The Social Information Processing Theory (SIP)

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The Social Information Processing theory (SIP) is the one of the most modern communication theory. It talks about how in the modern world communication has changed with advancement of technology. It comes out with a very different aspect of communication i.e. a way of communication in which there is only verbal communication. This is one theory that brings challenges the fundamental thought of communication comprising of verbal and non-verbal cues, with the latter holding much more importance in the initial stages.
One of the major forms of communication that SIP concentrates on is Computer Mediated Communication (CMC). CMC was considered for task oriented purposes such as information processing, news dissemination, and long distance conferencing.
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Media richness theory: Assigns limited bandwidth to CMC than face-to-face due absence of nonverbal cues.
3. Lack of social context: People are more self-absorbed and less inhibited in CMC resulting in flaming.
Joe Walther came up with this theory strongly advocating that CMC users could develop close relationships using this medium.
CMC versus face-to-face communication: A SIP instead of GULP:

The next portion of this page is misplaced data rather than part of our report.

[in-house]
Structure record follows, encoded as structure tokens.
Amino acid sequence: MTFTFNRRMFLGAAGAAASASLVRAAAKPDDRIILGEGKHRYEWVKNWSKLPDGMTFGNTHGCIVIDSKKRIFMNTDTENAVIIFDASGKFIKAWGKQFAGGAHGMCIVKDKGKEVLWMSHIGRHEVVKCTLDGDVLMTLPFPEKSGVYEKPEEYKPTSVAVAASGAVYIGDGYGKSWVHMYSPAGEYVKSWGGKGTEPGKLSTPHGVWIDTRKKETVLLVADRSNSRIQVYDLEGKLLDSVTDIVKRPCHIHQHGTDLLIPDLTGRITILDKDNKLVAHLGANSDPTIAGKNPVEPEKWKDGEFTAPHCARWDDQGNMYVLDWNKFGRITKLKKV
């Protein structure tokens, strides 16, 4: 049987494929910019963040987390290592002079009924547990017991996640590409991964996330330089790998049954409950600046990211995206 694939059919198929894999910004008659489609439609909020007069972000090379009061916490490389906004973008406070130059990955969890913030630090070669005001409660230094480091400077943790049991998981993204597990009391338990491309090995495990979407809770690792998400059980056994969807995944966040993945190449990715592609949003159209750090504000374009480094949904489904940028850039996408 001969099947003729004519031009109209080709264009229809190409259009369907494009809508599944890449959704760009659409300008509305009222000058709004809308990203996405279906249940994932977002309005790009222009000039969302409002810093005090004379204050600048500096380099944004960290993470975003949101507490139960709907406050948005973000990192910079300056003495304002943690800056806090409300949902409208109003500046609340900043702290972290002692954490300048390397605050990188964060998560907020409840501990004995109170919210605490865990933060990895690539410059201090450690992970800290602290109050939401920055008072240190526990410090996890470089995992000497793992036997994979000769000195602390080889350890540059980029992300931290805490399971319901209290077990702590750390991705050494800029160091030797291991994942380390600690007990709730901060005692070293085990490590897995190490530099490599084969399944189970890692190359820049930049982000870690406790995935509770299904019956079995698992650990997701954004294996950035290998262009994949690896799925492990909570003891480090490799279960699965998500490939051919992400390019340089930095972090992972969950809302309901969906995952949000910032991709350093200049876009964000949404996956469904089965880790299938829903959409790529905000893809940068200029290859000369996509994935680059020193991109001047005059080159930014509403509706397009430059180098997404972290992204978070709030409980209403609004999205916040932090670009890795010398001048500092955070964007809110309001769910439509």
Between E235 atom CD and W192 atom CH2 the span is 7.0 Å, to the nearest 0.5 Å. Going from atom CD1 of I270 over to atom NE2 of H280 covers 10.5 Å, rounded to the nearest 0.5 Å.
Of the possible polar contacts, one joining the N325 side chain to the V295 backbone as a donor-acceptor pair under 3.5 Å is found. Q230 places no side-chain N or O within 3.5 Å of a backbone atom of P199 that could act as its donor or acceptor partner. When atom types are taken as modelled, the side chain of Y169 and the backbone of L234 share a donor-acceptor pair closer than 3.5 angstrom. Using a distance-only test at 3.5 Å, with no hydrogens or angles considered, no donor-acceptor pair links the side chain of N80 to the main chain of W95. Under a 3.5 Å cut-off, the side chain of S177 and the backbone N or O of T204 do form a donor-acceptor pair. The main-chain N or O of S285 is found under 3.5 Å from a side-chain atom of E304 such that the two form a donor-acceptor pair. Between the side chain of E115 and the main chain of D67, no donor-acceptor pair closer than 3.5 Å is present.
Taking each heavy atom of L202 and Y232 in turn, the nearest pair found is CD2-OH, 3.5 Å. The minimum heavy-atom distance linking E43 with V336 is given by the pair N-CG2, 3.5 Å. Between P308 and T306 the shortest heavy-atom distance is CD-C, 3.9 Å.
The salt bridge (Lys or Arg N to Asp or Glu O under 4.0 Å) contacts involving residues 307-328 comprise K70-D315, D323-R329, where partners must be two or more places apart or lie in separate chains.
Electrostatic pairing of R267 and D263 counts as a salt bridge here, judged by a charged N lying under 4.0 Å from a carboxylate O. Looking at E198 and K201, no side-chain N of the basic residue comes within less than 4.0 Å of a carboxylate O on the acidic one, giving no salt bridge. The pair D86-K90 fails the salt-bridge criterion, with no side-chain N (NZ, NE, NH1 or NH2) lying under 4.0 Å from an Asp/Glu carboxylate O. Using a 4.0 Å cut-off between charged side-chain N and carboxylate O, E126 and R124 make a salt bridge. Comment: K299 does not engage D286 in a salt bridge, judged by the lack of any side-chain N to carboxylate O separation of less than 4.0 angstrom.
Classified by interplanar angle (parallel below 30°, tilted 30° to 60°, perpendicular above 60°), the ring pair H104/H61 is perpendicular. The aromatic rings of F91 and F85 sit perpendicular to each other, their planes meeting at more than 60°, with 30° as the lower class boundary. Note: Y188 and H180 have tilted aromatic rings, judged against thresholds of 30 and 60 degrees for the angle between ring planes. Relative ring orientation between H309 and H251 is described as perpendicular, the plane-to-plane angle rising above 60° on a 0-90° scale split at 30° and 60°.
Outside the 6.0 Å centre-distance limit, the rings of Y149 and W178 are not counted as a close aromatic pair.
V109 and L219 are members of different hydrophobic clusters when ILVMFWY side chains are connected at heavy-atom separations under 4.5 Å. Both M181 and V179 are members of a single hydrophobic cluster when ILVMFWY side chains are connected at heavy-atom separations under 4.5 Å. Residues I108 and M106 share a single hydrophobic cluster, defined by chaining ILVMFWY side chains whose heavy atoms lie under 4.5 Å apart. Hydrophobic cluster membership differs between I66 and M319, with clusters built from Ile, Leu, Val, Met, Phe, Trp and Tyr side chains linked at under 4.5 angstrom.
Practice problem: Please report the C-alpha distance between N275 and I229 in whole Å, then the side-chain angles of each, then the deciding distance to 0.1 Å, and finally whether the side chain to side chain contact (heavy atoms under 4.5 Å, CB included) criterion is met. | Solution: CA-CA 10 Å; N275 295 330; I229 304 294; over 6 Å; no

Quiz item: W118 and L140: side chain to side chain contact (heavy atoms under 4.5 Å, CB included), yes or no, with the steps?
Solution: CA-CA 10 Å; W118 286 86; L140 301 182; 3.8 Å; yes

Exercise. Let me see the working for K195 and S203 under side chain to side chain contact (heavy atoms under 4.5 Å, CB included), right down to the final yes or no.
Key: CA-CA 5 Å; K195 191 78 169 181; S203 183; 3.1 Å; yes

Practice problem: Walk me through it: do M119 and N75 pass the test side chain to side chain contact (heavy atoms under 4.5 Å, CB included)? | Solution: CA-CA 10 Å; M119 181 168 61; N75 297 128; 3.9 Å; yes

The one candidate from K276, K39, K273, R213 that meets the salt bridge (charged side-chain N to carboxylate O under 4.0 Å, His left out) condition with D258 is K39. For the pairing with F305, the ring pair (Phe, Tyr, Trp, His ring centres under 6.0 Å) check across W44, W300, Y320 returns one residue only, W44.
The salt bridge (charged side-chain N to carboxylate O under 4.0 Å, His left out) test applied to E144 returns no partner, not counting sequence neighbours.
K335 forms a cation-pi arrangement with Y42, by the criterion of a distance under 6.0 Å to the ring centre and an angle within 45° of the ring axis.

Walther named this theory as signal processing theory because he believed that in relationships parties gain information about each other, to form an image or impression of who they are. Based on this image the two parties draw closer to each other and further relationship development takes place.
All the non-verbal cues like facial expression, body position, touch, smell, appearance and tone of voice are missing. But, these missing features are countered by two features of CMC:
1. Verbal Cues: Motivation to form impressions and to develop relationships compels the communicator to employ any cue system that is available to do the needful.
2. Extended time: The exchange of information is much slower in CMC than face-to-face. But, this does not mean that impression formation will not be there. Also, the relationships built on CMC could not be said to be weaker or
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This is very different in case of CMC. According to Walther, online conversations lead to over attribution of the meager information that we have. Hence, the relationship built on only verbal cues is a hyperpersonal one. For example during social movements when people come together on social networks, they have a positive image of the people they interact in that particular internet group. The sharing of a common interest with so many other people gives a strong sense of belonging to the particular person. Also, this makes CMC much more attractive than face-to-face communication.
Channel: Communicating on your own time
The biggest demand of face-to-face communication is the presence of the two parties at that particular point of time. This maybe be comfortable for one, but not for the other. In contrast, CMC is mediated through a channel that allows partners to interact without the constraint of both attending each other at the same time. You could send an email to your partner at your convenient time and he can reply back according to his convenience. This attribute helps in building a healthy relationship as appointments are not frequently canceled or
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